An interesting observation was obtained from the comparison between Argentine mestizos and whites and their comparison with Mexican mestizos. The geographic distance between the 2 countries and the lack of a significant migration between the 2 indicate that their resulting similarities may be truly ethnic and probably of an ancient origin, albeit influenced by socioeconomic similarities. Except for lower frequencies of polyadenopathy, serositis, and hemolytic anemia in Mexican mestizos, these tended to be more akin to Argentine mestizos than to Argentine whites.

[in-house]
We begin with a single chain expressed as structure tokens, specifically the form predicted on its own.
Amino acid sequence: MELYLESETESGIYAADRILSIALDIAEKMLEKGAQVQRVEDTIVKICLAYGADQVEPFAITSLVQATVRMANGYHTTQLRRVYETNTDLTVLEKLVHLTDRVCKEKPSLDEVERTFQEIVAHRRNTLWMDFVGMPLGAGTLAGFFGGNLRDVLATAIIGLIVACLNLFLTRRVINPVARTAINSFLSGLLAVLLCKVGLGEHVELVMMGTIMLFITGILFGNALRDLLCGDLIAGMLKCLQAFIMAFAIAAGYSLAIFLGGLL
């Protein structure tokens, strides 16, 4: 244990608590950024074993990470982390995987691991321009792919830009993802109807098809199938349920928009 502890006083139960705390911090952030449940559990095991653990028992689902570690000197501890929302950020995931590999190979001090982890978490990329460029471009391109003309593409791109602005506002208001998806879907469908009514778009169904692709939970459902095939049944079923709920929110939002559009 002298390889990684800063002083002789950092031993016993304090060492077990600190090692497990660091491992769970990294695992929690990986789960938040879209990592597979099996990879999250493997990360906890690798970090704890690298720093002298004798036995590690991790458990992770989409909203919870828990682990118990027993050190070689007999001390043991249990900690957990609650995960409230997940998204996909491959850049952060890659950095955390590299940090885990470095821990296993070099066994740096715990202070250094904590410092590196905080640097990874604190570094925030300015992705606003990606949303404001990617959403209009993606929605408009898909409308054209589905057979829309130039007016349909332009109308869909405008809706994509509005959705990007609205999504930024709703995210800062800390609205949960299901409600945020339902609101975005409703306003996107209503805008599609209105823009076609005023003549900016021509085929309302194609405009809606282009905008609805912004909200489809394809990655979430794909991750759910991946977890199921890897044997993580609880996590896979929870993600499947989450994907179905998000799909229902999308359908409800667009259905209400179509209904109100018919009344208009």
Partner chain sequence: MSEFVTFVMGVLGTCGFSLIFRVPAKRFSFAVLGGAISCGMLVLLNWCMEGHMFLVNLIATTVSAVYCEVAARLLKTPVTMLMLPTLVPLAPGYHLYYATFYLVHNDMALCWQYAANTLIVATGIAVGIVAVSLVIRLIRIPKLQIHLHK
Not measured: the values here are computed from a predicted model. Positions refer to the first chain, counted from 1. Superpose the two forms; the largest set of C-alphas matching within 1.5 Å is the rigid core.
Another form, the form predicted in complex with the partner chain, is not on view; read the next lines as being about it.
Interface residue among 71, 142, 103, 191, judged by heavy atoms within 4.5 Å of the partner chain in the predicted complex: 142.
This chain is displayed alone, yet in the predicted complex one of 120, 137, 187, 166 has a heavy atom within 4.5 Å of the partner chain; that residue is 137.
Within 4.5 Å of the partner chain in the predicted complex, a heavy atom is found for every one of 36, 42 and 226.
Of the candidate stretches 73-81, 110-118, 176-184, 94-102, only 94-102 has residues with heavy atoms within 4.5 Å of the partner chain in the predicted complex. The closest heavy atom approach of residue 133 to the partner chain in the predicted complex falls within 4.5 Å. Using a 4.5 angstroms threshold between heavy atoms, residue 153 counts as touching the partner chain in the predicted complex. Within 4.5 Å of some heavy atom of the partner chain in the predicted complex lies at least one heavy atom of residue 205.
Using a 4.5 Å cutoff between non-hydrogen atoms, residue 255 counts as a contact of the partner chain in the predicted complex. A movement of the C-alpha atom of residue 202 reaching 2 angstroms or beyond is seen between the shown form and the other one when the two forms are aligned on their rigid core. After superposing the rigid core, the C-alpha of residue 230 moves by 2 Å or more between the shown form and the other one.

Another interesting observation from our study resulted from multiple logistic analysis that provided a model for maximal disease activity in SLE. It included lesser formal education, partial or lack of medical coverage, older age at onset, and longer follow-up. Conversely, longer delay to diagnosis and longer disease duration seemed to have a protective effect, possibly by reflecting milder disease and a decrease in disease activity with time, respectively.